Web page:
Mario Andretti's McLaren F1 drive: 'No-one will ever understand how much I love driving a racing car'


F1 champions have the same dreams as us... but a better chance of achieving them. Mario Andretti tells Motor Sport he's in "seventh heaven" after driving a modern McLaren at Laguna Seca. He's still searching for the perfect lap though

Mario Andretti on track in McLaren F1 car

Mario Andretti joked that driving a modern F1 car has given him another ten years of life, after a “bucket list” drive in a McLaren at Laguna Seca this weekend.

The 82-year-old completed several laps of the Californian circuit in the MP4-28a from 2013, and described an “exhilarating” experience at the Velocity Invitational event.

As the V8 wailed through the Corkscrew, spectators were also watching a form of parallel history, as Andretti turned down a McLaren Formula 1 drive for the 1981 season.

The spectacle follows a deal made on live TV at the Miami Grand Prix in May. Andretti, who retired from full-time racing in 1994, told Martin Brundle that driving a modern F1 car was “a bit of an itch to scratch”. Standing beside him was McLaren Racing CEO Zak Brown, who said that he would make it happen around the US Grand Prix, which takes place next weekend.

“I was in seventh heaven since May, and now it’s finally here,” Andretti told Motor Sport from his trackside motorhome, shortly after stepping out of the car on Saturday afternoon. “No-one will ever understand how much I love driving a racing car. At this stage of my life, to have this chance is huge. It gives me more life, probably again another 10 years.”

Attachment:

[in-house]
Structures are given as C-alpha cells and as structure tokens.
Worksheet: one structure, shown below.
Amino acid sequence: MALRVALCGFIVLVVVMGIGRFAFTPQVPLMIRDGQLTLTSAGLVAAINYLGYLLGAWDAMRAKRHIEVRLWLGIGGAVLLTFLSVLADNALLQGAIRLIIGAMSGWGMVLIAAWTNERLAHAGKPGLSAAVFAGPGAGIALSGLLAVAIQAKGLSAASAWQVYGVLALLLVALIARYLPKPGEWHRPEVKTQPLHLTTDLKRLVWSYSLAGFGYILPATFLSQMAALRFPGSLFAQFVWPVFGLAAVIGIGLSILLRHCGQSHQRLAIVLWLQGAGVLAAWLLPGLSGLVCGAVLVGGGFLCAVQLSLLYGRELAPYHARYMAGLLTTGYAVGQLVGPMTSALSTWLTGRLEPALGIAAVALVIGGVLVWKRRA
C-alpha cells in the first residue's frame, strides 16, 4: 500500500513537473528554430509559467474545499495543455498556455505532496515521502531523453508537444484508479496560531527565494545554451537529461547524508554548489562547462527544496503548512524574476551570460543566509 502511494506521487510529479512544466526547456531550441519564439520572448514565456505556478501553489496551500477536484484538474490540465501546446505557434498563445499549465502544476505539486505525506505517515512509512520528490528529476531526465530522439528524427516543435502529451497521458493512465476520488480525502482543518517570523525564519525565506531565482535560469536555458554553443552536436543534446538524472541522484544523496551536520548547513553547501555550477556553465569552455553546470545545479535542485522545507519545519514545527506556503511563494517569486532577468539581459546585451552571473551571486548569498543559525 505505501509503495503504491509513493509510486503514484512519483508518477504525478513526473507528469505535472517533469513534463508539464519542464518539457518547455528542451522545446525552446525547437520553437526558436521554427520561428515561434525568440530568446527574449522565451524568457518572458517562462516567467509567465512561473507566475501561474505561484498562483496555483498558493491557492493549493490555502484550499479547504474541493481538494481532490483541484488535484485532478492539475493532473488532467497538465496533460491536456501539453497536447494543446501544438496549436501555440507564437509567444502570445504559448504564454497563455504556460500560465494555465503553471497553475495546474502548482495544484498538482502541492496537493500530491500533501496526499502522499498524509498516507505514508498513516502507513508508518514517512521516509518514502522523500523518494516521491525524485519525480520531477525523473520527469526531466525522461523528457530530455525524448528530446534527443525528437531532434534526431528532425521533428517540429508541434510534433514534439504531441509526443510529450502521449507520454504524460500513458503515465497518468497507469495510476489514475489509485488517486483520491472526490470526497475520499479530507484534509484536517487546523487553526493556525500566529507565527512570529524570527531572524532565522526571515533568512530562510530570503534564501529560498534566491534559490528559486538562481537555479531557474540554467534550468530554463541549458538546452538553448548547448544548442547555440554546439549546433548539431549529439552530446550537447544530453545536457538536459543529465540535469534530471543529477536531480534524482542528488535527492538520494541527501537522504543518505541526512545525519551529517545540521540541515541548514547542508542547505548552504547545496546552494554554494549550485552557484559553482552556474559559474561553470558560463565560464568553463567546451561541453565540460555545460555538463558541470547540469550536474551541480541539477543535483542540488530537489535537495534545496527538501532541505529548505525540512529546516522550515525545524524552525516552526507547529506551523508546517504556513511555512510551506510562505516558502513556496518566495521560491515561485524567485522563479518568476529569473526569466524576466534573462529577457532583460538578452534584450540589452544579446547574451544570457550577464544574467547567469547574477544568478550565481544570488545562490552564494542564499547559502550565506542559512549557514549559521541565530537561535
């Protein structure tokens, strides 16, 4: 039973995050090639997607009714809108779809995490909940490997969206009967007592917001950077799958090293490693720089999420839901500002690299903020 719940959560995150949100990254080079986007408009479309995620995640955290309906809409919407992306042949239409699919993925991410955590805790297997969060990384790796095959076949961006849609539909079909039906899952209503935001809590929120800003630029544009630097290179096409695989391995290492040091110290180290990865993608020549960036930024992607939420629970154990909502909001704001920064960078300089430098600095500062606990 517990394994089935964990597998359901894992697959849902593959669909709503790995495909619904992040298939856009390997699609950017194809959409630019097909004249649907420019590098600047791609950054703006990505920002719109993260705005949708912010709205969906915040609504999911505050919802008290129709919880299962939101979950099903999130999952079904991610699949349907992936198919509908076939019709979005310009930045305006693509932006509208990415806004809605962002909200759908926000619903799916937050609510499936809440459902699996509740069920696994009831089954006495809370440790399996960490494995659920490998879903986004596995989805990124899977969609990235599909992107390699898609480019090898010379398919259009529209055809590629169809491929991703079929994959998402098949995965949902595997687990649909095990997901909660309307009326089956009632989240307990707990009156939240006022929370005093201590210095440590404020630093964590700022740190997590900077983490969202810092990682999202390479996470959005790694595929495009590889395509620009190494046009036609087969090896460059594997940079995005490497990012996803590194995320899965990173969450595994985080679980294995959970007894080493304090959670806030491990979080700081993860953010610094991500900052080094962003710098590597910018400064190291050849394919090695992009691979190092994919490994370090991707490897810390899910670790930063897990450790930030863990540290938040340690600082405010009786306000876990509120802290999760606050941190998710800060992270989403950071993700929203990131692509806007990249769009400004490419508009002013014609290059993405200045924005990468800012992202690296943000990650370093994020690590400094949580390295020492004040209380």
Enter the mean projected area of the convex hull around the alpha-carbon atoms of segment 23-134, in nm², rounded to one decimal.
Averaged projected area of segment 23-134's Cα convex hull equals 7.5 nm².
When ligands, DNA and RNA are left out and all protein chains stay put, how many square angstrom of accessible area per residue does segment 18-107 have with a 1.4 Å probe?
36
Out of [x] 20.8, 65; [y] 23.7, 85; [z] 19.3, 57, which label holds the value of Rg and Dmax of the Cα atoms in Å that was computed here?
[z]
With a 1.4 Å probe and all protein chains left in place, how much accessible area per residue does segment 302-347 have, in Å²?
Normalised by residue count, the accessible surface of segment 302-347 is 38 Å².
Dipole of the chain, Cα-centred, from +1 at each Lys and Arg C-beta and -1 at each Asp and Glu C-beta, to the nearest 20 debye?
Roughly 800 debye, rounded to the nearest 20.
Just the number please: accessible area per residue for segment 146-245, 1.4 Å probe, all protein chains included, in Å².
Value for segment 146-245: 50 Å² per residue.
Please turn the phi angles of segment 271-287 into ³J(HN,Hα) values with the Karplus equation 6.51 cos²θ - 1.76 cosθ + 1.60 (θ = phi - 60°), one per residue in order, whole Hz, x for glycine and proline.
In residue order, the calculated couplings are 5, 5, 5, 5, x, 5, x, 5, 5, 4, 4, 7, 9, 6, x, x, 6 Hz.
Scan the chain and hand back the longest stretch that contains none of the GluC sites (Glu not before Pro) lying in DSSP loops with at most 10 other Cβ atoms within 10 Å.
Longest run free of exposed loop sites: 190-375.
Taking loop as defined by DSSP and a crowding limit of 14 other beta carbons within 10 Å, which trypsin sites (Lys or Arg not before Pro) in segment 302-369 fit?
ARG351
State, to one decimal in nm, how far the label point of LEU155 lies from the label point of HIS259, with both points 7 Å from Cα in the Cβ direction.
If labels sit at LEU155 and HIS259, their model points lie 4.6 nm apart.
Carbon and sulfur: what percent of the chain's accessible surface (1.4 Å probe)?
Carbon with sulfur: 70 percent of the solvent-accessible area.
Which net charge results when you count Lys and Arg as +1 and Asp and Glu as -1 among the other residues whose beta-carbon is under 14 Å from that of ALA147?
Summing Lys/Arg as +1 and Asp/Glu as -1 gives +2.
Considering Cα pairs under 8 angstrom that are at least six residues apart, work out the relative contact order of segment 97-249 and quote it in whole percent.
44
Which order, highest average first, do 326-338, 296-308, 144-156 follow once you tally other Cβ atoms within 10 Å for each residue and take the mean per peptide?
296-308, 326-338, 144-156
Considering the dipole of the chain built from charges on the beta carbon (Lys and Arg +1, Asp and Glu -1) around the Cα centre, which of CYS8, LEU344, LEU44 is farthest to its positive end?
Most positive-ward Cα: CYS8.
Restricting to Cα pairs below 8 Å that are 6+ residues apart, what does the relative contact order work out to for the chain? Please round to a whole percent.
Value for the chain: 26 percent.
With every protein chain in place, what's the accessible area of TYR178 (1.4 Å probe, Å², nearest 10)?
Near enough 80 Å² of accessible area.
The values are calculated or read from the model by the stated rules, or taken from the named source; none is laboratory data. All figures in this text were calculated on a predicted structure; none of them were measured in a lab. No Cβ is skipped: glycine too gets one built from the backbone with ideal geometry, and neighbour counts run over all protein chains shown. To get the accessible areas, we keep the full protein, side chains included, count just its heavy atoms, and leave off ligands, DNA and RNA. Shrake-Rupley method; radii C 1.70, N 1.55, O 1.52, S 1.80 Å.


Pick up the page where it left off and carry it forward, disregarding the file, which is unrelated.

Comparing the V8’s power to that of the turbocharged Ferrari 126C that Andretti raced in 1982, he said: “I was so satisfied to see what I was hoping: the power and the sincerity of the chassis, I mean it was so nimble… the braking, all those qualities, just tremendous.

“It was similar, to some degree, when the turbocharged era came, in the late ’70s and early ’80s. I drove the Ferrari when I substituted for Didier Pironi in Monza, ’82,  and there you probably had some equal because [in] the qualifying mode, there was like 1100 horsepower. And that was unbelievable as well.

“I haven’t had that pleasure for, many, many years as you can imagine. So, to just do this again. It was just perfect. Life is good!”

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However Andretti — ever the racer — saved his praise for the car for after he had explained his frustration at not being able to drive at the limit of his ability.

“There’s quite a bit that I left on the table,” said the 1978 Formula 1 world champion, who didn’t have time for a full seat fitting, so was sat close to the steering wheel with limited visibility of the gear indicator. “Some of that worked against me. The car did everything that it’s supposed to do as far as the chassis and the handling.

“But at first I didn’t have the information on which gear I was in, especially on the downshift, and it’s so important to have the correct revs coming off a corner otherwise you’re off the range: the engine has a very narrow power curve. I would get three, four corners, right and then all of a sudden I’m coming off the wrong gear and just one gear would make a difference. You just cannot move the steering wheel column where I would really need it.”